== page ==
Golf can often be a test of endurance. There are times, for instance, when the arduous trudge from tee to green, with all the remorseless thrashing, swiping and gouging that it involves, would have had Ernest Shackleton gasping ‘sod this boys, we’ll just turn back’ as he peered at a grisly, plugged lie in the bunker.

Jack Nicklaus used to say that ‘golfers are masochists’ so we can perhaps assume that the Golden Bear would raise an eyebrow of intrigue at the exploits of the bold Susie Robertson.

After 15 years, goodness knows how many miles and Lord alone knows how many shots, the intrepid Robertson has finally ticked off all 556 courses listed in the official Golf in Scotland guide book. It is believed she is the first woman to complete such an exhausting undertaking.

From Whalsay in the Shetland Islands down to St Medans in the deep south west, and everywhere else in between, Robertson’s feat has been an exercise in teeth-grinding stoicism.

The 65-year-old certainly gave herself a mountain to climb, which is a fitting idiom given where the seeds of her daunting adventure were sown.

“Back in 2005, my husband, Brian, decided to do all the Munros and I said I’d do them with him,” reflected Robertson. “I’d managed about 14 or 15 but on one particular occasion we were at the top, there was pea soup fog and I was absolutely terrified. I couldn’t see my feet. I put my hands on Brian’s shoulders and we used his GPS to navigate our way down. I felt like I was stepping off into an abyss. I suggested I’ll do all the golf courses instead of doing the Munros. It was more of a joke and I didn’t think I would do it. But 15 years later, I’ve managed it.”

With a sizeable task ahead of her, you wouldn’t have blamed Robertson if she’d kept her backpack on, stocked up on slabs of Kendal mint cake and shoved an Ordnance Survey Map into her golf bag. “There were obviously some far flung places,” she said of a rich and varied expedition which included everything from the revered championship links courses to the more quirky curiosities hidden away in the nooks and crannies of this fertile golfing land.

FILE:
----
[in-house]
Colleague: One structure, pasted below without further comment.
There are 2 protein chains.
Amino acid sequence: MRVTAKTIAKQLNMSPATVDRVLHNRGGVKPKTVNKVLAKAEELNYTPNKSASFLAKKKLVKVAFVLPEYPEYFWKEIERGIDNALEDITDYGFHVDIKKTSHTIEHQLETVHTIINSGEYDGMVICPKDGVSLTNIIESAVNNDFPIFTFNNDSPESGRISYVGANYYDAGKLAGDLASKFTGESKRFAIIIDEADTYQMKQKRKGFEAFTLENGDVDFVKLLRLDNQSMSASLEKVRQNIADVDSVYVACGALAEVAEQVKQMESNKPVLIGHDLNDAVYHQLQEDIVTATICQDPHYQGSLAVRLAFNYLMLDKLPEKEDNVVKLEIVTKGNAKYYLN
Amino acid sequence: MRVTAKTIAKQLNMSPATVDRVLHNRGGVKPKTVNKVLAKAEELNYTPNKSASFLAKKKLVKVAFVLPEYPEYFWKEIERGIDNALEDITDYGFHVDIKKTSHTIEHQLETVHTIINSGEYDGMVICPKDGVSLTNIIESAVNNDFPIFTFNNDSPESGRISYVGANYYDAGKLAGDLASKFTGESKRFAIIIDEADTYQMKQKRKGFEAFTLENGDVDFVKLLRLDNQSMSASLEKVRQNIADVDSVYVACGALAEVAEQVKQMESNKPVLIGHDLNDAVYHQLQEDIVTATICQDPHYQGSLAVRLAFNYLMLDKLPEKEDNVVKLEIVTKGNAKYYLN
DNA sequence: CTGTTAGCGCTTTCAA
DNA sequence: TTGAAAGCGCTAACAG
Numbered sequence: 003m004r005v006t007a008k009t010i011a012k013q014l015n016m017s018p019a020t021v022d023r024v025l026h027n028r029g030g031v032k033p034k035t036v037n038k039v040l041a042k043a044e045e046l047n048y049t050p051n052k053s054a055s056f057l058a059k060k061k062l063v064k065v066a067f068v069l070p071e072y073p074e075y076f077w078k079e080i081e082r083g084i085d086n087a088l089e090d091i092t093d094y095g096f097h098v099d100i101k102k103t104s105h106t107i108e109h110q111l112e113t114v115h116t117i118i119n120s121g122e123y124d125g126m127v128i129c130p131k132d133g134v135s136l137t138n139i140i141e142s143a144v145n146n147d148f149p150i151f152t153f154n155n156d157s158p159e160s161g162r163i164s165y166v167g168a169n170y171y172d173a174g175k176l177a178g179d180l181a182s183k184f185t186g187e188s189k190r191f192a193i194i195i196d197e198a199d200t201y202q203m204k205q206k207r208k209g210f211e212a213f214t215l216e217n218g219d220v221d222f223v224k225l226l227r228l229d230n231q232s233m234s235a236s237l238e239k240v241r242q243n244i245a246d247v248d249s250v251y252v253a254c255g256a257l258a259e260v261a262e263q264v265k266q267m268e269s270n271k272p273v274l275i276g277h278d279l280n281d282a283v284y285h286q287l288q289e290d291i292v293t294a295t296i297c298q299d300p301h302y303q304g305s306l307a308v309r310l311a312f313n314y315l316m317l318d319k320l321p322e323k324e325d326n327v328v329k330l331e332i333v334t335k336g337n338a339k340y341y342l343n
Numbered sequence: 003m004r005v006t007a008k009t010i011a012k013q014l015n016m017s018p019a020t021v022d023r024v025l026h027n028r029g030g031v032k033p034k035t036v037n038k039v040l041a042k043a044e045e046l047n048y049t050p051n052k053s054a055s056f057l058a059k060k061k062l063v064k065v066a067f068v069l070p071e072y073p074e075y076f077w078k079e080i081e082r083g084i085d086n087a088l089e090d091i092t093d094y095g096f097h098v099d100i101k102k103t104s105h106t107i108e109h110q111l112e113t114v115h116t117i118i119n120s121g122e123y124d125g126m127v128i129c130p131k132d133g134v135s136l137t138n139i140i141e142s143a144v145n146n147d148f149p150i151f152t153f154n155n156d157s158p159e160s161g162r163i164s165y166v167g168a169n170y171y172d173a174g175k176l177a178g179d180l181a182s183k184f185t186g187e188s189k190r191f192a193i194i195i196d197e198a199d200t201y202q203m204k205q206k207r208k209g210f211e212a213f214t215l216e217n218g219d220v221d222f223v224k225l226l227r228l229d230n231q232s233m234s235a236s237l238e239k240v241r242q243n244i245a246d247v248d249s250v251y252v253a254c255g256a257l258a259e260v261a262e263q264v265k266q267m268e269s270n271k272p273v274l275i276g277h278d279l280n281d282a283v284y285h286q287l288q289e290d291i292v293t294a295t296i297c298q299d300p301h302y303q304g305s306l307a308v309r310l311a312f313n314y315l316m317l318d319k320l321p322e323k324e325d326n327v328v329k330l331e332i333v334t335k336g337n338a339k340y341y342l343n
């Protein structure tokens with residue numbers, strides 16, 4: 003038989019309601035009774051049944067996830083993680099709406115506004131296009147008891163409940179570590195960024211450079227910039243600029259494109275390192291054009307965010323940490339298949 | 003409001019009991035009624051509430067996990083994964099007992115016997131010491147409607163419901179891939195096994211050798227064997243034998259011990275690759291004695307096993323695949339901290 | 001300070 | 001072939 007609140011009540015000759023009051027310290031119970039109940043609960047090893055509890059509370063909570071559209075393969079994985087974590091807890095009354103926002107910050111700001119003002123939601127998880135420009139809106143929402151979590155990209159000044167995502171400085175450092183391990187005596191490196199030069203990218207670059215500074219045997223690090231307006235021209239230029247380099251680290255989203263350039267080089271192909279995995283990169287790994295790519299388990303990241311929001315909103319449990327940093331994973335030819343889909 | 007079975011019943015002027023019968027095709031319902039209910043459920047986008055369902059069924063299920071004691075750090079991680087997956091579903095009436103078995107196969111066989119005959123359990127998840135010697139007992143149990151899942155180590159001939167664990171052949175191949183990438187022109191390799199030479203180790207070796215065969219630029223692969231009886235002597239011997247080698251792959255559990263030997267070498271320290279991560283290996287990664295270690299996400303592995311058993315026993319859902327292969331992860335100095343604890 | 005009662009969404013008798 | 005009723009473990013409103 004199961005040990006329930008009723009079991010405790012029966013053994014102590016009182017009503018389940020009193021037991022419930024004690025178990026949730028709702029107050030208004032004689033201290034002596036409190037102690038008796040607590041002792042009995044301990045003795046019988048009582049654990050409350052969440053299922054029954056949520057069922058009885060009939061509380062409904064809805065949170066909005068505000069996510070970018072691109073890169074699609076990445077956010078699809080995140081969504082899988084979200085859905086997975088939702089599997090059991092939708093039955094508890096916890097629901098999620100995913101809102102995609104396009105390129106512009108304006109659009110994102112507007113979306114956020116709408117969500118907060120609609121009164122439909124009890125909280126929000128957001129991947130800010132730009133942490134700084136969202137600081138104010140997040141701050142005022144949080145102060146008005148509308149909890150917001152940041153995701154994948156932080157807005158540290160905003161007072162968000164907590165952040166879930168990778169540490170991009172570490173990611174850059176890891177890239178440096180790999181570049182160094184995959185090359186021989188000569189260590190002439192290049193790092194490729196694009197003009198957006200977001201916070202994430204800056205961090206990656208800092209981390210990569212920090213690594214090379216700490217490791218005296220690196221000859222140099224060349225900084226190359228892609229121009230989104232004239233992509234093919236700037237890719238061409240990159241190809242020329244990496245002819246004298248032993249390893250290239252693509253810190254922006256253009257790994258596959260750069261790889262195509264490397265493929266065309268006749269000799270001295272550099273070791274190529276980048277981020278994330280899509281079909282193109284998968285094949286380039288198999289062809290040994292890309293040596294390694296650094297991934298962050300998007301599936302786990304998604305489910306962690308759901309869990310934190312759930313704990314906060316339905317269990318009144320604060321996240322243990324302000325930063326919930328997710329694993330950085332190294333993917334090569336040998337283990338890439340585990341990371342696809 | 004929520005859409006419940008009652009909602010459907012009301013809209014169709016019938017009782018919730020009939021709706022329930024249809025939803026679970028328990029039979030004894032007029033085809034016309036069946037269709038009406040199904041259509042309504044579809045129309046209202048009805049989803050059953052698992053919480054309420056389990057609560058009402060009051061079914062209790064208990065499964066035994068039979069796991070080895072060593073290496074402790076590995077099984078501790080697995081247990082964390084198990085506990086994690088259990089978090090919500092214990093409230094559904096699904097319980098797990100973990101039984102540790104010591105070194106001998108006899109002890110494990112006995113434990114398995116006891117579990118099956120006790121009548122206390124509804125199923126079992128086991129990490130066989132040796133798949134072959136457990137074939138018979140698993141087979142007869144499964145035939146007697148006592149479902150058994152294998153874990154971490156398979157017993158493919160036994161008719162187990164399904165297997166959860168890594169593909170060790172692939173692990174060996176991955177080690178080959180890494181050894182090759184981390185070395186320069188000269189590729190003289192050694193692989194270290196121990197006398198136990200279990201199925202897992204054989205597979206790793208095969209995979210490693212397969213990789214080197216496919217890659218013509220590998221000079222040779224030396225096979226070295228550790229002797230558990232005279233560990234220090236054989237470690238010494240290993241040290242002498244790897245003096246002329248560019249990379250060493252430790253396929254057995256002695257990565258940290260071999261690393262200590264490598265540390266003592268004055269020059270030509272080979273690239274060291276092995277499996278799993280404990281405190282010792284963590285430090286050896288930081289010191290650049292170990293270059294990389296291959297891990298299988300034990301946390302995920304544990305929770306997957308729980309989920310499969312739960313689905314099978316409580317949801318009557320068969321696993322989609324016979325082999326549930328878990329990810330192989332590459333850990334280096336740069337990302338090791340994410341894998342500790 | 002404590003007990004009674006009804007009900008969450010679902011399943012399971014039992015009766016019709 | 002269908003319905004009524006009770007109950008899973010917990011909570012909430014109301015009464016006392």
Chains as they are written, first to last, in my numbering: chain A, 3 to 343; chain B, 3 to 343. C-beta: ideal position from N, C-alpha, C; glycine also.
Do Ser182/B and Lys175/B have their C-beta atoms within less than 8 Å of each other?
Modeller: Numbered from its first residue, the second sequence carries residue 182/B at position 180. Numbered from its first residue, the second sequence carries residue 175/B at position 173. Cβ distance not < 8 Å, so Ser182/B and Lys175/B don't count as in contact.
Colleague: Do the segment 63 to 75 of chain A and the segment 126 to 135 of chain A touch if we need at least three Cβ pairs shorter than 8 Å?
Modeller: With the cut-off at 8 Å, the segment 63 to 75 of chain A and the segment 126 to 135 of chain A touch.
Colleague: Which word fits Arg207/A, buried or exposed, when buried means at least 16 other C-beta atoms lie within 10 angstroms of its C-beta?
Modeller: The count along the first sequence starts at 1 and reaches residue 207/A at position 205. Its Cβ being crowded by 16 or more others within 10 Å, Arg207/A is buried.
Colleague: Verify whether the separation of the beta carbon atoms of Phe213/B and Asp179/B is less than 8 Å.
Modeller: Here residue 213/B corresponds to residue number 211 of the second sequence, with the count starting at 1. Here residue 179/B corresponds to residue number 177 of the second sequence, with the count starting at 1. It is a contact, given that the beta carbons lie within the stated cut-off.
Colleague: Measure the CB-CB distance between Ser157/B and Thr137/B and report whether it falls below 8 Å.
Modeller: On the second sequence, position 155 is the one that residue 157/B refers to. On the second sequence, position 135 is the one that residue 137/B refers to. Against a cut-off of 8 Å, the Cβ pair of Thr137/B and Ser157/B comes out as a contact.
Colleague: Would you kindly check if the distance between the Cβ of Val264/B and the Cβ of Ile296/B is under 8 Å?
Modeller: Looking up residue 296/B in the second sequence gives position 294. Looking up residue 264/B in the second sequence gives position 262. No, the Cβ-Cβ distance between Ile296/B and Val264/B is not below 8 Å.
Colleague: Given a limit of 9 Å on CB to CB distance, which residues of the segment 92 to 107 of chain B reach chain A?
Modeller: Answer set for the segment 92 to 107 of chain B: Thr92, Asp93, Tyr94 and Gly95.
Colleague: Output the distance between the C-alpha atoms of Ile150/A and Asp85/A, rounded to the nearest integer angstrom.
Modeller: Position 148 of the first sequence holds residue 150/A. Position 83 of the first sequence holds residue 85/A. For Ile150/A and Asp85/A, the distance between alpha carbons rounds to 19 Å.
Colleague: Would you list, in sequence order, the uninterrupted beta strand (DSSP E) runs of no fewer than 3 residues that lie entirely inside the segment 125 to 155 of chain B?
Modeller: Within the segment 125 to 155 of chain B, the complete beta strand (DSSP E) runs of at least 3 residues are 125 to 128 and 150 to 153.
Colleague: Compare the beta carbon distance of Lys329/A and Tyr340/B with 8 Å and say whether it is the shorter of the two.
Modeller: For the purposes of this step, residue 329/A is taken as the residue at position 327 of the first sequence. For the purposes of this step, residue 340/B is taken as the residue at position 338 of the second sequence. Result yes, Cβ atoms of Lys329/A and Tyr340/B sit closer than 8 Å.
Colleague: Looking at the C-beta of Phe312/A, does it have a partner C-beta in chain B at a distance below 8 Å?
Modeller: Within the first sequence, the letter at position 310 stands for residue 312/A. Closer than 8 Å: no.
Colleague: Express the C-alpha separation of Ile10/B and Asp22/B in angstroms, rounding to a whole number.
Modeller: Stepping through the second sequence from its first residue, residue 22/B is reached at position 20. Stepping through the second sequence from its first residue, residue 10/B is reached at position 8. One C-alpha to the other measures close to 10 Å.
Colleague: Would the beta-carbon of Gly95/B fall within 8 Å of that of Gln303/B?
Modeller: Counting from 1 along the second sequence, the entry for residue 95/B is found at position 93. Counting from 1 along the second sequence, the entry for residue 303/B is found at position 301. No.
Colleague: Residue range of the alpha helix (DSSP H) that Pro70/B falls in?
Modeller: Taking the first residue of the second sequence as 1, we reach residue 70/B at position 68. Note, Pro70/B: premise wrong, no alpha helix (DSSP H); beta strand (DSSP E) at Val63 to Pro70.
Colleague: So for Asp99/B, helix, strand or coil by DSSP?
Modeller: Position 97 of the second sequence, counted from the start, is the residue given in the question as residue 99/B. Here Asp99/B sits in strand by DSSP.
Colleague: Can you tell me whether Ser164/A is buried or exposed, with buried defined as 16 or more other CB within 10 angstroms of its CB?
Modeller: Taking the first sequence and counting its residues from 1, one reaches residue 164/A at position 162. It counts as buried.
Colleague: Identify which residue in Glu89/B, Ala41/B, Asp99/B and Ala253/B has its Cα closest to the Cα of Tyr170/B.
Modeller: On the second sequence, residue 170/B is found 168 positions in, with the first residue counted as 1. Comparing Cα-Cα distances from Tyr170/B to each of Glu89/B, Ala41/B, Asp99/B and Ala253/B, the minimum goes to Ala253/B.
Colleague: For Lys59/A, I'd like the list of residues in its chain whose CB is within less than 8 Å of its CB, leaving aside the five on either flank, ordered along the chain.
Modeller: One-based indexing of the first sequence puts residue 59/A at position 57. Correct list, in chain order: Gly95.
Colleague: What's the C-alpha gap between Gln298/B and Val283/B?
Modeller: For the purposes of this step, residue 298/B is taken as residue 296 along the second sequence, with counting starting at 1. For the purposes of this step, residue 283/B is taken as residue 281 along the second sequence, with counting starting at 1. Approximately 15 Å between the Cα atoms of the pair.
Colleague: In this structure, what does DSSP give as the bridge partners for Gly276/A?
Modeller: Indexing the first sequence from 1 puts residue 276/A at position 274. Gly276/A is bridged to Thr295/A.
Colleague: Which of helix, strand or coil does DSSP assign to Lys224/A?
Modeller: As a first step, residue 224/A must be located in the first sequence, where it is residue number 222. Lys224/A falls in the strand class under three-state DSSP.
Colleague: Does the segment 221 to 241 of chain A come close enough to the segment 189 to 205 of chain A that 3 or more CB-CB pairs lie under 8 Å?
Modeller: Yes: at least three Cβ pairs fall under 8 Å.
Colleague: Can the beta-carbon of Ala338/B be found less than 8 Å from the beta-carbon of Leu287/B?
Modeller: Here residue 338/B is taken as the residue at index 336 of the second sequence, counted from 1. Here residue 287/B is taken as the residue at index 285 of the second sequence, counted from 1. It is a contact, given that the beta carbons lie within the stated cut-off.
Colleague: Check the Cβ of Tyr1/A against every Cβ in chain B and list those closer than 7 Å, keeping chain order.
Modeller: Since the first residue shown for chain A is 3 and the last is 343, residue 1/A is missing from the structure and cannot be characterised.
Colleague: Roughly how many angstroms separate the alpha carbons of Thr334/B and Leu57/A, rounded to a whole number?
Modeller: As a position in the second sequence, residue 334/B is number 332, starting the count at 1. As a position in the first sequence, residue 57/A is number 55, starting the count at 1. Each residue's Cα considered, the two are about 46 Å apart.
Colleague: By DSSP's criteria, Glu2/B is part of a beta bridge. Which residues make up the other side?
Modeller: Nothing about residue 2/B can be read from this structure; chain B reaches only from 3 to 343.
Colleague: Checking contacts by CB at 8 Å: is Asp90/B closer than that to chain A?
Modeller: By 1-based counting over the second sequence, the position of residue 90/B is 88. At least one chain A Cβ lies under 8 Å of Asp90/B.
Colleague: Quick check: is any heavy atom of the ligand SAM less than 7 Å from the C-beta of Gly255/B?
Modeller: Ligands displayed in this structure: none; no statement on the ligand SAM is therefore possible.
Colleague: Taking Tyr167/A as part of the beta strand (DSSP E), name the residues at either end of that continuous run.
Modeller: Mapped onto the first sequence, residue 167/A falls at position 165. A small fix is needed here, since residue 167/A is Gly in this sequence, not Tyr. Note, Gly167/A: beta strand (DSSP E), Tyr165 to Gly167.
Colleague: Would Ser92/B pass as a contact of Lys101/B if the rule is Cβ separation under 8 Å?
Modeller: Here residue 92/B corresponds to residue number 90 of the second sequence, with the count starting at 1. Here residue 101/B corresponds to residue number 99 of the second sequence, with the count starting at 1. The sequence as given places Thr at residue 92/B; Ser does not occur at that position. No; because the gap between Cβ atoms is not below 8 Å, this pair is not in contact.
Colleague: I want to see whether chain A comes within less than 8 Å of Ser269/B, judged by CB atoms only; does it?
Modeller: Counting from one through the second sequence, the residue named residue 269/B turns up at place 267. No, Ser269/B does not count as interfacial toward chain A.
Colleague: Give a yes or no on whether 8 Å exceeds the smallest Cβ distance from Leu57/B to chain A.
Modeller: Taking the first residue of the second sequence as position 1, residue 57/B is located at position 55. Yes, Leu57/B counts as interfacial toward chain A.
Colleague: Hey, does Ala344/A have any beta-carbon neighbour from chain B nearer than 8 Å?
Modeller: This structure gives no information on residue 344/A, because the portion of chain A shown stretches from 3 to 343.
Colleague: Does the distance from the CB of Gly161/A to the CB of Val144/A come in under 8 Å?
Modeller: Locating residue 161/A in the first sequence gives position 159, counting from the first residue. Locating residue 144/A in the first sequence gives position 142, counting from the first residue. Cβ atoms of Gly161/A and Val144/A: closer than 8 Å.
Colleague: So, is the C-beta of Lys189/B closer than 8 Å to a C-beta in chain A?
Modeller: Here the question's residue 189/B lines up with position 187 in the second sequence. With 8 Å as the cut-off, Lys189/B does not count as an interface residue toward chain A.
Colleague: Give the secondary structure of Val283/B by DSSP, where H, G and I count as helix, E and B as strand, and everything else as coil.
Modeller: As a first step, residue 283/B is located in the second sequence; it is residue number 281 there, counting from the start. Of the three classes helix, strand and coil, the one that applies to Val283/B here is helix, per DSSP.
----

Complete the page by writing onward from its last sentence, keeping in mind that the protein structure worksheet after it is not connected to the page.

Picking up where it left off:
“Tiree was a difficult one for me as I’m not very good on a boat. And Barra was a cliff face covered in cattle. There were some very different experiences and conditions. The day I played Ballachulish was horrendous weather. I went into the clubhouse and a chap behind the bar asked if he could help me. I said ‘I’d like to play the course’ and he looked out of the window and simply said ‘really?’.”

Golfers have always been a hardy bunch, of course. Undaunted, Robertson would plough on through meteorological hell and high water during an odyssey that could have prompted a re-write of Homer’s epic poem.

“There was this huge target ahead of me and, let’s face it, I wasn’t getting any younger,” added the Elie & Earlsferry Ladies’ Club member. “But I finally got to 300 and that was at Peterhead. I was over halfway at that point and I saw this little glimmer of light at the end of the tunnel.”

Robertson still had a heck of an inward half to negotiate but, by the time 2020 rolled in, she had just nine courses left to play. And then coronavirus came barging onto the scene to throw a major spanner in the works.

“It had been all mapped out, at times I was playing seven days a week and I’d scheduled my last round to be at Kingarrock which is the only hickory club in the UK,” added Robertson of a finale in her native Fife. “We’d arranged for all my friends to be there but then all the courses got closed due to coronavirus and there was all this uncertainty. I actually thought to myself ‘I don’t think I’ll bother carrying on with this’ even though I was so close. My friends had to give me a really good dig to get me going again.”

It was Gleddoch in Renfrewshire that became Robertson’s final course on the list. So, was it a towering iron into the green and a raking birdie putt for a rousing, closing salvo? Not quite. “I didn’t play very well and there was no final flourish put it that way,” she said with a wry chuckle. 

“It was a relief to just get it finished. I think I have over-played myself. My golf is nowhere near as good as it was. I’m not as competitive as I used to be. And I’m certainly done with challenges in my life.”